Apple (s aapl) recently unveiled iPhone OS 4, which brought many much needed features to the platform, including a lot which our own Charles Jade thought would never make it through. Despite rectifying some long-standing oversights, however, Apple still hasn’t allowed its iDevices to sync wirelessly with people’s home computers.
One user and developer decided not to wait for Apple to implement the feature, and instead created his own iPhone app in order to solve the problem. Greg Hughes, the man in question, created a Wi-Fi syncing app that works with a companion desktop client to sync your iTunes library with your iPhone, iPod touch or even your iPad. Check out the video below to see it in action.
It may sound like something that shouldn’t even be possible using Apple’s closed playground of development APIs, and maybe Hughes is stepping slightly out of bounds, but the YouTube video showing the app in action proves that it does indeed work. Just because it works, though, doesn’t mean we’ll be seeing it available for purchase in the app store anytime soon. I think it’s pretty safe to say Apple won’t let this one ever see the light of day. It’ll probably play the old “feature duplication” card because it may or may not introduce this feature itself somewhere down the road.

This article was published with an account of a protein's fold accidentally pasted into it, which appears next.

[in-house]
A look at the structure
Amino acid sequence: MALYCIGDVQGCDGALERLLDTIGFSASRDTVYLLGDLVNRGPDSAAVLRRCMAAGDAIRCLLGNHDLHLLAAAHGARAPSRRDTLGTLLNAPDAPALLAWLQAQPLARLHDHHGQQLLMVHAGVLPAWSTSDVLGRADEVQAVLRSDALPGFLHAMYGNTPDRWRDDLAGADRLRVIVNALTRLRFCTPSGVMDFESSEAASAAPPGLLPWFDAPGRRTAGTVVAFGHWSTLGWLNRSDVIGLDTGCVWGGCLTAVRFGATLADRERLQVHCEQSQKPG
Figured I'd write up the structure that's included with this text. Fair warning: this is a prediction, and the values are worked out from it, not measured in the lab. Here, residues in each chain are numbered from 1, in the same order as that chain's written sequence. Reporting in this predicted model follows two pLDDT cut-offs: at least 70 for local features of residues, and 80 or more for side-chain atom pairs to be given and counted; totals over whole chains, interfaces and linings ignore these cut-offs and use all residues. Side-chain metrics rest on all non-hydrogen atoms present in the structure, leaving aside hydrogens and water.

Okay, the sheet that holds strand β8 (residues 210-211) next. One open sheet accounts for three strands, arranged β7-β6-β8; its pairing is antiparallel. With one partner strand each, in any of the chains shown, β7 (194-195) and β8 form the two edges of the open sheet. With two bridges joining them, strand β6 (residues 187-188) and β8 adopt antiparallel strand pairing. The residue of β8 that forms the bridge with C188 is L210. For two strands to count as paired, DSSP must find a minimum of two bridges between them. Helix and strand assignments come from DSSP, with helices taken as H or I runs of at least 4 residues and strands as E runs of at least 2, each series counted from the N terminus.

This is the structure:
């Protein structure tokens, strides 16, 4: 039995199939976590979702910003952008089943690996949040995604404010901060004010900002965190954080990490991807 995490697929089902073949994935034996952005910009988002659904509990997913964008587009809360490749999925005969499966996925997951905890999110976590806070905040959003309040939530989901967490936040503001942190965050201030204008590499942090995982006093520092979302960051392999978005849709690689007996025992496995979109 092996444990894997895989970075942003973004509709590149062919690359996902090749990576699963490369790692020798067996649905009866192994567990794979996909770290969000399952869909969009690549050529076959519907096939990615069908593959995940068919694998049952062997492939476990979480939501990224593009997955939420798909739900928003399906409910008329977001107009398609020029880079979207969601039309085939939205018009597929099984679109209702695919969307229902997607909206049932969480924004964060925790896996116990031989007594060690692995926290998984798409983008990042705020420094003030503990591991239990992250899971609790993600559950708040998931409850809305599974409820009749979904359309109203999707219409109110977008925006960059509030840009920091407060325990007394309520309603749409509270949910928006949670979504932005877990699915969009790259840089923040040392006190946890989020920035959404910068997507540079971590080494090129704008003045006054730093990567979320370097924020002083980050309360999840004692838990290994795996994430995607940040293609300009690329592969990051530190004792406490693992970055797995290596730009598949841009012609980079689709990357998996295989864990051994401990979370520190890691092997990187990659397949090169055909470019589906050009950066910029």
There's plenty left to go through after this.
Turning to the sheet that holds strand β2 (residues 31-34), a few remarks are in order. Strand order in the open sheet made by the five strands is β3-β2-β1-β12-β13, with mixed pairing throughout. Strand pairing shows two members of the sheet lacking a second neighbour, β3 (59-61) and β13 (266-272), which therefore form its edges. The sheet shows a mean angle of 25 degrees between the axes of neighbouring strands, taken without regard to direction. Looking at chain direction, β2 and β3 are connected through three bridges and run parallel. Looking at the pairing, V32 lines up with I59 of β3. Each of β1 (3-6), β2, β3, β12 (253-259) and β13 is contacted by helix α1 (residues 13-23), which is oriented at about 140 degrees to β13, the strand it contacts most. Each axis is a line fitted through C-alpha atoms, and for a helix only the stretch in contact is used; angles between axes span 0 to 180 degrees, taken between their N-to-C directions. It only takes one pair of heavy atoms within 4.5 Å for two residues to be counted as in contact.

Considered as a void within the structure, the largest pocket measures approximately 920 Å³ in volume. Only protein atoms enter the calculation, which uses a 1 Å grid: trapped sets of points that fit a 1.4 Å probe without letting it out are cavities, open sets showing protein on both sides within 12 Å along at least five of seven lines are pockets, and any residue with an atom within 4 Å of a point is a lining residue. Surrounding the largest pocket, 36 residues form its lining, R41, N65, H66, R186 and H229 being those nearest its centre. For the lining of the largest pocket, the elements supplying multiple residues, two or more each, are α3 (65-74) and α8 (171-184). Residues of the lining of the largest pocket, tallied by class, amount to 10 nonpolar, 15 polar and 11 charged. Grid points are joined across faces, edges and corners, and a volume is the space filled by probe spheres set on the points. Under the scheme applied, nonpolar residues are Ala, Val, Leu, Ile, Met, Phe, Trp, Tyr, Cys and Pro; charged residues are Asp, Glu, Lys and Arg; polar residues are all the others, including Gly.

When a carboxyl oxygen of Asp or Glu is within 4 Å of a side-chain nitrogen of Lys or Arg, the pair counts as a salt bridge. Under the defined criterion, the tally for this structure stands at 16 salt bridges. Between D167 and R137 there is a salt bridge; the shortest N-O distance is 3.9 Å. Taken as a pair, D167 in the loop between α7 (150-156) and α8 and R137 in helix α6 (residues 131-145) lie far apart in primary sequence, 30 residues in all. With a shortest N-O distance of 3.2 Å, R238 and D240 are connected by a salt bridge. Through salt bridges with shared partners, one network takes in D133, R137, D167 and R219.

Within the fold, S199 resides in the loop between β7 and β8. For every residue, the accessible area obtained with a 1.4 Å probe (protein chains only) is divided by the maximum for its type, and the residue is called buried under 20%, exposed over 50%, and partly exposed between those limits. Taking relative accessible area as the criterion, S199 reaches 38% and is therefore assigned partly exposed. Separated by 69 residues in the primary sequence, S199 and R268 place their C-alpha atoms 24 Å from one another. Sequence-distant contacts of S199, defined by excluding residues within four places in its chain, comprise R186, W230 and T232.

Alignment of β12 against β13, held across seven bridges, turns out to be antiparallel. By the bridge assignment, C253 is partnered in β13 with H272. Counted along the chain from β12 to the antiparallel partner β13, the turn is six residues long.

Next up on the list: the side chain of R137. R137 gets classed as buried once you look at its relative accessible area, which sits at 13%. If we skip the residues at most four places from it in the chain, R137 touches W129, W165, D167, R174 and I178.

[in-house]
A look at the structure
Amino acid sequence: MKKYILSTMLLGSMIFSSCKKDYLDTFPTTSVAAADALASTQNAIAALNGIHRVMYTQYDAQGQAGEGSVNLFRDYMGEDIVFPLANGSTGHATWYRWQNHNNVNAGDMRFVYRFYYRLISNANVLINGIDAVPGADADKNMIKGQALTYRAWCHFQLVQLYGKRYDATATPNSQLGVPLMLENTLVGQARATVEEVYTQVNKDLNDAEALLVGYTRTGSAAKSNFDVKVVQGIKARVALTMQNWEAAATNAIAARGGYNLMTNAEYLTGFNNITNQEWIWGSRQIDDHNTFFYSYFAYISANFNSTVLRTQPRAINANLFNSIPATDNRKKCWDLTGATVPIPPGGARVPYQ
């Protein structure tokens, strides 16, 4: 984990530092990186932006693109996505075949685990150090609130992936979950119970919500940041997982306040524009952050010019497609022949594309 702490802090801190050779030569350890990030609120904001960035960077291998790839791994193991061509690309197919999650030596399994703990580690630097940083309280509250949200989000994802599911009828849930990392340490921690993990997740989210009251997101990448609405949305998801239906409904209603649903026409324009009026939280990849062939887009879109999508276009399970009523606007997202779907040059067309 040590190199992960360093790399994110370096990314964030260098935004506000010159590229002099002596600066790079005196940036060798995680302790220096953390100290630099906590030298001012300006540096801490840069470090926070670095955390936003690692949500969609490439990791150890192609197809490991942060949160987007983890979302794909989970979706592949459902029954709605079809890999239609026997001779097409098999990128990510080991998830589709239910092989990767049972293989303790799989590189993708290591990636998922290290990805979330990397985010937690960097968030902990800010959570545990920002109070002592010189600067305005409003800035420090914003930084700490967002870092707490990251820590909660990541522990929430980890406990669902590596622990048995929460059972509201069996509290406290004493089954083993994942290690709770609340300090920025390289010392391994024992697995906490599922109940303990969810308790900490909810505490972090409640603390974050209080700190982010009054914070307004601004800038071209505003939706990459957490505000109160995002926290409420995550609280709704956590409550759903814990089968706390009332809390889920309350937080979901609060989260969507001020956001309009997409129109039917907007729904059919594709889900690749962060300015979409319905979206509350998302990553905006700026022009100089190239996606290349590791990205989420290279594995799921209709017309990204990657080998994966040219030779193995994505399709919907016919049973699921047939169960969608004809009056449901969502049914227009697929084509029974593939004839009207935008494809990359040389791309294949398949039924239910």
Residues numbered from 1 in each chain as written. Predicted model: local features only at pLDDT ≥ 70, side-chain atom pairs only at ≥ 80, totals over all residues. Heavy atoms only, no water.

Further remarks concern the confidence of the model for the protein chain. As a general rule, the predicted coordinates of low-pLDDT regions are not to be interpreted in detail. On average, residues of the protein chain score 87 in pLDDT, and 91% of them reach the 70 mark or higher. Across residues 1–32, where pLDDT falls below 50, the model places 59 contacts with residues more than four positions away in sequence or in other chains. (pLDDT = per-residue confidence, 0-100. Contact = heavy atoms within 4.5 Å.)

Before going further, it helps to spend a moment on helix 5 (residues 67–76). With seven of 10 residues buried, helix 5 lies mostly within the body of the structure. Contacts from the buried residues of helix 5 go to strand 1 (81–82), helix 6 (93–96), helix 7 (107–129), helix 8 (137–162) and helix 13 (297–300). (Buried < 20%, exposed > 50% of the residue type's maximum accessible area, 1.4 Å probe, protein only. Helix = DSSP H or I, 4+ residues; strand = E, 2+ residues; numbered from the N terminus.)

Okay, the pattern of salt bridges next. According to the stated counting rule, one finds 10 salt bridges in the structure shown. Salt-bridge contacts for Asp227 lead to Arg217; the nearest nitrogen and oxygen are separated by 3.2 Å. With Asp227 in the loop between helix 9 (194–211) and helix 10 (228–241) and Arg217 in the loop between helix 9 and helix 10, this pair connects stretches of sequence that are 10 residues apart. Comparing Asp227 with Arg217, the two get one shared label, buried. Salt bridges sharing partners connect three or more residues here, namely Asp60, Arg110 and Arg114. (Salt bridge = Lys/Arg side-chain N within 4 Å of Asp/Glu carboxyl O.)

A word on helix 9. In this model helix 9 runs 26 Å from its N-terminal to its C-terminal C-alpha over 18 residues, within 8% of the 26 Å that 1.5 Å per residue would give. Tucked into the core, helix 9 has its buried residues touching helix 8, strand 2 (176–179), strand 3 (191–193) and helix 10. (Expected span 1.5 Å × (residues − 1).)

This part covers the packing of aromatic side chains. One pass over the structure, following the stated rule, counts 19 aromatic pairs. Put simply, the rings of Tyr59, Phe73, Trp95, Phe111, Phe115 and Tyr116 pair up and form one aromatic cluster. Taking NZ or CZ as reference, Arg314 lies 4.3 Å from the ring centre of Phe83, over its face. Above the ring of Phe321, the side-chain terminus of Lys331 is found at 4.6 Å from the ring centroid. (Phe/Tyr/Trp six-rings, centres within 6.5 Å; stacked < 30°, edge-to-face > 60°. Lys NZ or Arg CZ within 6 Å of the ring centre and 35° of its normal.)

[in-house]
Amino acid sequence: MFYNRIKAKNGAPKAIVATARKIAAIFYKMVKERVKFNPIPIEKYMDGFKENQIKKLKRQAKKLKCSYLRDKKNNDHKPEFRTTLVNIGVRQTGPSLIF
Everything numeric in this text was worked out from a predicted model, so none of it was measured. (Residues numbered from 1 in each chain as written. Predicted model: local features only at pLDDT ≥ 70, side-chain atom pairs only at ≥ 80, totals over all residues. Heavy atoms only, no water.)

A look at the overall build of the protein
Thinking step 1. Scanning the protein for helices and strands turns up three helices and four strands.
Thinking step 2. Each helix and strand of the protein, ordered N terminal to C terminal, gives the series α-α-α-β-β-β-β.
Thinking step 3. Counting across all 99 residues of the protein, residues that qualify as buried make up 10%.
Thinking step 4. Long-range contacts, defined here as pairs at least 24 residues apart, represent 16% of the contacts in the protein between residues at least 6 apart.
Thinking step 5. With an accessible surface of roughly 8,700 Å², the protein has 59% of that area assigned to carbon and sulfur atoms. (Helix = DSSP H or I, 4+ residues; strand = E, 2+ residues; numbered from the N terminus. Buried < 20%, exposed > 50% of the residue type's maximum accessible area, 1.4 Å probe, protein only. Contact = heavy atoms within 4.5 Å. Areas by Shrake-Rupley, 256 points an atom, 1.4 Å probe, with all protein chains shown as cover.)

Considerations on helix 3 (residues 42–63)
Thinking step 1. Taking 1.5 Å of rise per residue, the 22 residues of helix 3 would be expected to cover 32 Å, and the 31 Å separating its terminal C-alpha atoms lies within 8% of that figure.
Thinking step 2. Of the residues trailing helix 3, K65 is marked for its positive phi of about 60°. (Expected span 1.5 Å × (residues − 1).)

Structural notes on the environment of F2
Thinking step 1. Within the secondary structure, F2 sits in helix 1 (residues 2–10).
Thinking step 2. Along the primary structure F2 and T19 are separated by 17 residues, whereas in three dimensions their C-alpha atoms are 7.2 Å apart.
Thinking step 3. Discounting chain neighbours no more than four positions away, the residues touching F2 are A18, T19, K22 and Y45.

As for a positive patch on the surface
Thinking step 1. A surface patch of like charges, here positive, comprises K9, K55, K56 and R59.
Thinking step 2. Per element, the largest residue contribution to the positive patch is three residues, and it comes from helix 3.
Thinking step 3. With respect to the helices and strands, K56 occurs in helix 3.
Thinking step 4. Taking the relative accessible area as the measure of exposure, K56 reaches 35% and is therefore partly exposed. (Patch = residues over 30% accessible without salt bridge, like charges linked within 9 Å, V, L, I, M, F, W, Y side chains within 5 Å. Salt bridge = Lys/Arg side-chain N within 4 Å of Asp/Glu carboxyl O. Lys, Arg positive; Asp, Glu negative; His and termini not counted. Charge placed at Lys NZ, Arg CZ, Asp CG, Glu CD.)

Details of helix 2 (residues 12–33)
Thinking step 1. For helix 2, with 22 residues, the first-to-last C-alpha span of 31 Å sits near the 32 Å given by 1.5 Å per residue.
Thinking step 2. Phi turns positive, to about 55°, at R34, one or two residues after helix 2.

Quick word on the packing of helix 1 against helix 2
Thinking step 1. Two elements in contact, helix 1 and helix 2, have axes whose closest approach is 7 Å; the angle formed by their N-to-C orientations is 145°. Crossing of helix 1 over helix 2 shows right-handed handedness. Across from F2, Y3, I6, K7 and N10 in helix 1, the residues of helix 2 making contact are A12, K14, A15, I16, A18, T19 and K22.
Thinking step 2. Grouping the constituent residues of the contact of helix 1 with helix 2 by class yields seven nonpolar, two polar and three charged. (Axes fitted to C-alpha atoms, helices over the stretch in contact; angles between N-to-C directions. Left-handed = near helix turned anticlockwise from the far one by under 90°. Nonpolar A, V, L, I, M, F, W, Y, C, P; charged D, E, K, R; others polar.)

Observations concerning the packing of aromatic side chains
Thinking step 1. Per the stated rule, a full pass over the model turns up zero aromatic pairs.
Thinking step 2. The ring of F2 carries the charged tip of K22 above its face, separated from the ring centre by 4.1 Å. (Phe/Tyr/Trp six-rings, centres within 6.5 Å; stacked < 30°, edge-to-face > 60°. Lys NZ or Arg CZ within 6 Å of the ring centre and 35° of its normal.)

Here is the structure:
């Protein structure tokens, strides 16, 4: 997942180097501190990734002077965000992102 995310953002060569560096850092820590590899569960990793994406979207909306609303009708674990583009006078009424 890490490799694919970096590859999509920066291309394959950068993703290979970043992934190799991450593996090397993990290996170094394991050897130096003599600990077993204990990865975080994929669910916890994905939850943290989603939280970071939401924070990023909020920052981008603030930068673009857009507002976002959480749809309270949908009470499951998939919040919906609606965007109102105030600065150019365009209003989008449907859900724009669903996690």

It’s a shame because the implementation looks fantastic, and users wouldn’t even have to wait for a new iPhone OS iteration to get it, since it works with iPhone OS 3.X. Judging by the video, the app somehow tricks iTunes into thinking that an iPhone is mounted and then syncs any video and music with that device, so you wouldn’t get the full iPhone sync experience, but it would work perfectly for users like me who are also MobileMe subscribers, since we basically only plug in to update music anyway.
Hughes is doing one thing right: He’s promoting the heck out of the app before it even has a chance to run afoul of Apple’s review process. It worked for Opera Mini, although the organization behind that app has far more visibility and clout than does a single unknown developer acting on his own. Still, even if Apple does block the app, at least people will know it happened and possibly voice their disappointment, rather than just let it pass unnoticed.
We’ll probably see the Wi-Fi Sync app grace the halls of the jailbreak app stores even if Apple never lets it see the light of day through official channels, proving once again that no matter what improvements Apple makes to its software, there’s still always a reason to go rogue. Is Wi-Fi Sync enough justification for you?